Gold Mines Part 1.

Out West, they have a lot of land that’s really dry. So instead of storing things in garages, storage sheds, barns, and basements, some people just pick any old out-of-the-way spot and start piling up baling wire, fence posts, old plumbing fixtures, electrical components, and every car part known to man or woman. I have a friend who never throws anything out. She calls it her gold mine. And she keeps it really organized. Because you never know when you might need a carburetor for a 1952 Ford Pickup…and pronto.

Although I’ve never had much interest in (or memory of) my personal history, my mother did. I still have one box of random memorabilia that, despite my urgent pleas that she throw it out, I agreed to take in a moment of weakness. And now I’m glad. Because you never know when I might need that stack of gas station card receipts that trace the route of my family trip on two-lane roads to Colorado when I was 11. Or one of those Junior High French assignment books that happened to survive forty years in the attic trenches and could become a Proustian device for my personal recherché du temps perdu. 

There’s a whole envelope full of report cards that my mom stashed away in a manila envelope that she carefully labeled—her neat backward-slanting handwriting alone brings it all back. Behind it is one of those old binocular-like ViewMaster things and a few remaining circular discs with the tiny slides of places I liked to imagine visiting  And then there’s that banker’s-file type Pandora’s box full of letters that I always promised I’d burn. Everybody has one of those.

The box my mother saved is in my closet. Along with several binders and bins filled with all kinds of research, writing, and memorabilia that I’ve collected since then. There’s a large scrapbook of brochures, maps, and matchbooks from my 2005-2006 cross-country trips in the VW van. I’ve drafted some pieces about those walks on the wild side of America and have convinced myself I need to keep the research in case I ever try to finish them. There are several journals that also need to be mined for the occasional gem. And I have 40 years of tax returns which, while now worthless even to the IRS, remind me of all the different ways I’ve made money over the last several decades along with several binders of statements that remind me how I spent it.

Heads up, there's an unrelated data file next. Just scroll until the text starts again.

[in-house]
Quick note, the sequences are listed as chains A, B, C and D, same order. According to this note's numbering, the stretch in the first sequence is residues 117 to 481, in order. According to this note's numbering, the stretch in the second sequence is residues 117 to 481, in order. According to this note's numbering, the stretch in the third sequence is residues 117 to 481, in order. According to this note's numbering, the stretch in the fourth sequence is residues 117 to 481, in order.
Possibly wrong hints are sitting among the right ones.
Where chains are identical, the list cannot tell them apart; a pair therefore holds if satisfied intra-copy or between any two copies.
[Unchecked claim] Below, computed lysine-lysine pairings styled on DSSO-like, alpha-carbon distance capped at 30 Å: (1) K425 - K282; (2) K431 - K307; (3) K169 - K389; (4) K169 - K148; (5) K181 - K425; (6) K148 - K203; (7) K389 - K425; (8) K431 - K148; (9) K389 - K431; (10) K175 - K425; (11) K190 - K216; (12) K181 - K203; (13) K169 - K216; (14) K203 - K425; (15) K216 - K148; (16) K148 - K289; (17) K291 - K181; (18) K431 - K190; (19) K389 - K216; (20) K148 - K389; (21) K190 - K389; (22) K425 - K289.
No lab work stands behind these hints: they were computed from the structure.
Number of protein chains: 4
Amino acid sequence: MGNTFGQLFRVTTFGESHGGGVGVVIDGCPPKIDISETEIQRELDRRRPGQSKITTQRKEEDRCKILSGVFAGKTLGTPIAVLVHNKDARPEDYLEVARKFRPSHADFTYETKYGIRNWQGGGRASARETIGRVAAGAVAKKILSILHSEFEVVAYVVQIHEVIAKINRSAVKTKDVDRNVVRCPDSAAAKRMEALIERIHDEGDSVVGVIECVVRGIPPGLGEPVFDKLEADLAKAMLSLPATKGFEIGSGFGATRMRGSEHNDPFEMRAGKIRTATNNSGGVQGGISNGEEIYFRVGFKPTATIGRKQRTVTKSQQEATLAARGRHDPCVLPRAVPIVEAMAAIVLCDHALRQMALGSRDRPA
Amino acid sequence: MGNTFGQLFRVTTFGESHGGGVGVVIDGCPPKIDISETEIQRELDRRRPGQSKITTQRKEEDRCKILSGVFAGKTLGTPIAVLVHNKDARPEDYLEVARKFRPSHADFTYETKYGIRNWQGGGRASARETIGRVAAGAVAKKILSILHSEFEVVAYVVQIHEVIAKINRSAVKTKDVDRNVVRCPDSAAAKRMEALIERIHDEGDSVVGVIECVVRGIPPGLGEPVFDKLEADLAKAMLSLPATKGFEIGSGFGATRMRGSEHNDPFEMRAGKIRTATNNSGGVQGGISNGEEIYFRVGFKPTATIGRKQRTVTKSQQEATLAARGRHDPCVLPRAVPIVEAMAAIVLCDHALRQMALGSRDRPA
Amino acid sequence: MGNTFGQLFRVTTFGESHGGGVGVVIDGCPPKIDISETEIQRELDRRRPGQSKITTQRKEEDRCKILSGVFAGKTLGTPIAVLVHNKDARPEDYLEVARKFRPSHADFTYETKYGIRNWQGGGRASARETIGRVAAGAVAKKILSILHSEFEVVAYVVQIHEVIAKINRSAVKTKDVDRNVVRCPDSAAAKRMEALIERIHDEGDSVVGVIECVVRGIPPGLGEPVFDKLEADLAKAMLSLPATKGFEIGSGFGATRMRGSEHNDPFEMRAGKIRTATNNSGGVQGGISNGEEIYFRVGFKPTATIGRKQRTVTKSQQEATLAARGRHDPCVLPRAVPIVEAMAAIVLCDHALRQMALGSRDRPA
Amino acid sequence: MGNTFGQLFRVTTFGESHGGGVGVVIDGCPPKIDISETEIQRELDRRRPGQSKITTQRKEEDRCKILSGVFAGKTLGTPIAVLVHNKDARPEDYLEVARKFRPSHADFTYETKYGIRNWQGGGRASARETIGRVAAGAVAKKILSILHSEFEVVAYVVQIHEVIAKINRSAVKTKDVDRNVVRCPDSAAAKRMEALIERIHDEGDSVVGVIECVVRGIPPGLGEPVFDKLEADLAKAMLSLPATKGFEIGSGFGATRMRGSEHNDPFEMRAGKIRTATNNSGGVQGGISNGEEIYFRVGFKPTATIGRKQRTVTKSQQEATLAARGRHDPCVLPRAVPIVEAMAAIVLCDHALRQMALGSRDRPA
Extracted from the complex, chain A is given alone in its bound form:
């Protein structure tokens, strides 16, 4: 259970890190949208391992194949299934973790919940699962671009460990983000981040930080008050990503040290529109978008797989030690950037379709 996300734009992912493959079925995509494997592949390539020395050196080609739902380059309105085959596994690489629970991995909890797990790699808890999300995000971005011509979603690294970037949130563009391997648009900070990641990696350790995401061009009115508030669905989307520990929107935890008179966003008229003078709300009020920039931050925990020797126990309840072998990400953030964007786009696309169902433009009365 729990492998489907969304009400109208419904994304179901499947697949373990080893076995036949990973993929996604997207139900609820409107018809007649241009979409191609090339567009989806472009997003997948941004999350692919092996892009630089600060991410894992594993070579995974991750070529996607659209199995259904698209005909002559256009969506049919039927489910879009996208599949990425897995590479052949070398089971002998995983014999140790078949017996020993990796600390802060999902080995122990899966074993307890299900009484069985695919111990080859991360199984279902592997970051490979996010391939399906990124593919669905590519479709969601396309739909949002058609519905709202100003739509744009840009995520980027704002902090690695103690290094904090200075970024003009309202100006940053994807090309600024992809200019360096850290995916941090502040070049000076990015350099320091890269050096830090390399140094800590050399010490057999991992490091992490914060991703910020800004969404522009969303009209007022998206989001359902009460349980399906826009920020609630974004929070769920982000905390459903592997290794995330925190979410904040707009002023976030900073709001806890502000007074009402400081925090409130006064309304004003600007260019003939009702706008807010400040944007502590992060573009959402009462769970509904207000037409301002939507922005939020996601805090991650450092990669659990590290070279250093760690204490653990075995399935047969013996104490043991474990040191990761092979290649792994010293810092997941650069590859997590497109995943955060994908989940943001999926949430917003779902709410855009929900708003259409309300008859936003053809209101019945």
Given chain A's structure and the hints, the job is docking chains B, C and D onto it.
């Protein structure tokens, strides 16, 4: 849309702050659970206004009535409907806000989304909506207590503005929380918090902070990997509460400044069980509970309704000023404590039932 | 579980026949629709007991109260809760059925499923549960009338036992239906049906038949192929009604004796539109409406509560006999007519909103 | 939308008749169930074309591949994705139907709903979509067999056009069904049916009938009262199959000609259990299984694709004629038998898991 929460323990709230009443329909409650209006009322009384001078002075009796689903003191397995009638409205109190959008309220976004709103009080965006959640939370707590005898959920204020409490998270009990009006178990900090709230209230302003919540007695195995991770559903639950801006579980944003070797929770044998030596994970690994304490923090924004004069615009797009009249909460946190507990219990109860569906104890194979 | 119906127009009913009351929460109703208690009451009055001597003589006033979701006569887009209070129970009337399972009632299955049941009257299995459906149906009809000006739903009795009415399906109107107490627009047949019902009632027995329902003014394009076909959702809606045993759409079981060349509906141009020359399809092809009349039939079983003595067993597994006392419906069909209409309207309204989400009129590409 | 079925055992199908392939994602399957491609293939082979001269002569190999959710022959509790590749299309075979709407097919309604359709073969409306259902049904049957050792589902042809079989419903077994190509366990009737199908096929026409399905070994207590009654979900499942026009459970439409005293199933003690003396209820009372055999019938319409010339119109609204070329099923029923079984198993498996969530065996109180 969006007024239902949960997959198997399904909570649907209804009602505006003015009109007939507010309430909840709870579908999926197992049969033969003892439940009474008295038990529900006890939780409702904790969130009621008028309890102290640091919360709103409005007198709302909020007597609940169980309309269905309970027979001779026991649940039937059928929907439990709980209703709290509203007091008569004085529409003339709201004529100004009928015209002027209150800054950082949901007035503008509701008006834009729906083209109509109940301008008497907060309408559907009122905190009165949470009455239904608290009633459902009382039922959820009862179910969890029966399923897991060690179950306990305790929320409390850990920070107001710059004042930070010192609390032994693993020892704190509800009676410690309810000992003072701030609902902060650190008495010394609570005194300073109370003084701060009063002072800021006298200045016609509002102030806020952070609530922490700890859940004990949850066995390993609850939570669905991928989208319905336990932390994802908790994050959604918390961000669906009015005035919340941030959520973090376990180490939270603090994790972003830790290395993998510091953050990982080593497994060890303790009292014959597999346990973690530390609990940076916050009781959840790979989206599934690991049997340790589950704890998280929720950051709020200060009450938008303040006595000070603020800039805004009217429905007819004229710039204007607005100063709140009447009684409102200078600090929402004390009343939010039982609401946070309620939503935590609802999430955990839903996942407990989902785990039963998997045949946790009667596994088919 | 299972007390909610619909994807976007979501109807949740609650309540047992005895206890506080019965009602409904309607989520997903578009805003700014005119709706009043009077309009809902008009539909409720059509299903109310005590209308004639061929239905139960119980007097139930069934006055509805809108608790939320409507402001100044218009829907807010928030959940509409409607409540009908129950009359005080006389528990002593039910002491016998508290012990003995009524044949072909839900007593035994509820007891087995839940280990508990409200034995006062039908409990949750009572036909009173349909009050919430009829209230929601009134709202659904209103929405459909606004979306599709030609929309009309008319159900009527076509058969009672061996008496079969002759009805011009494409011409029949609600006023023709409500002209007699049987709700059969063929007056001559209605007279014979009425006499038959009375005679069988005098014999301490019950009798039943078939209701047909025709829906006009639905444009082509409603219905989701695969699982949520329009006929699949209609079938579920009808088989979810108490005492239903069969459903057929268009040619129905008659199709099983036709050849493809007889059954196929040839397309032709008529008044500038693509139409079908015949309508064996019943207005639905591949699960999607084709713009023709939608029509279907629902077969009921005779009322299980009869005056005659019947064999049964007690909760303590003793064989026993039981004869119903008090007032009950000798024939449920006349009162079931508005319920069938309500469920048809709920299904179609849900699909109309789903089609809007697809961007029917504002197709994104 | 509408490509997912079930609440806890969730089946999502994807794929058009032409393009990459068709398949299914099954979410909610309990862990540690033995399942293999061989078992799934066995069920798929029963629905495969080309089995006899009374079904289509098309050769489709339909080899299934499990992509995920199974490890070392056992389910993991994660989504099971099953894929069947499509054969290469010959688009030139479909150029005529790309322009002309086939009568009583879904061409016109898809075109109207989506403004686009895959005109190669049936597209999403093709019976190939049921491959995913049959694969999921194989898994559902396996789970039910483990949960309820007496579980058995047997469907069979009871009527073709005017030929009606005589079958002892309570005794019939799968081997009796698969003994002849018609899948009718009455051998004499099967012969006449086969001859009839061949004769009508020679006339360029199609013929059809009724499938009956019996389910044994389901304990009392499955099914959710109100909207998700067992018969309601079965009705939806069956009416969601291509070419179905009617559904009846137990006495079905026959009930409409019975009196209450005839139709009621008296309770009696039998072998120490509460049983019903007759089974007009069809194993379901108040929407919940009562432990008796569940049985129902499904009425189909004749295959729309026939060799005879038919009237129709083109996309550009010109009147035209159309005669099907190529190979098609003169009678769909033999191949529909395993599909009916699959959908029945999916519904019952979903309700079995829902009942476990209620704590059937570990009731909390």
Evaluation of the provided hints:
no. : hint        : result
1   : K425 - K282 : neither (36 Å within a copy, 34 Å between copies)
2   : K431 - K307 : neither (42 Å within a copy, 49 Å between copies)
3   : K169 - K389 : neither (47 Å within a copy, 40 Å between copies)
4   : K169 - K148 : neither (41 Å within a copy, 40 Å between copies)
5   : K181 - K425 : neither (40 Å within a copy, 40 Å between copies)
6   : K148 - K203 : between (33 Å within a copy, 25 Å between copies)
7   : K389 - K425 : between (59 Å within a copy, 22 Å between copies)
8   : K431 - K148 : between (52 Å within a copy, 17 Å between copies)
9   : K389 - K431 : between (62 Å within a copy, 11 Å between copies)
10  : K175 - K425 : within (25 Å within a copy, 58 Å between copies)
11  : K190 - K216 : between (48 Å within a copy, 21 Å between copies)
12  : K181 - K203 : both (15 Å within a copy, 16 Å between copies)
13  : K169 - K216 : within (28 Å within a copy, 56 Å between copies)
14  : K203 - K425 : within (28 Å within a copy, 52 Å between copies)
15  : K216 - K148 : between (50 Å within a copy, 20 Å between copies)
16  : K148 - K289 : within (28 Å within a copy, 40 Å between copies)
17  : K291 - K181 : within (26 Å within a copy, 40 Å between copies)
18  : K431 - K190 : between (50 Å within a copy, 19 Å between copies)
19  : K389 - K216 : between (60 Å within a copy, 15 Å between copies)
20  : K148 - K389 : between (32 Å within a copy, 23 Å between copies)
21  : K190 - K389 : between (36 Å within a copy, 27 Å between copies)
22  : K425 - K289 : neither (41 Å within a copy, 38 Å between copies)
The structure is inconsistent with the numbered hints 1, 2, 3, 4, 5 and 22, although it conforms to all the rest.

When I realized how much more time I’d be staying at home during COVID, I decided it would be the perfect time to merge and purge it all down to a few notebooks/binders/scrapbooks that would fit on half a shelf. Then I could throw the rest into a dumpster. That way, whoever had to take on the onerous task of sorting through all my worldly goods might keep them for some descendent down the road who wondered what his/her great-great-grandfather was like.  I didn’t get very far. You can’t blame me.

They say your life passes before your eyes in a flash when you die. It takes longer when you’re alive.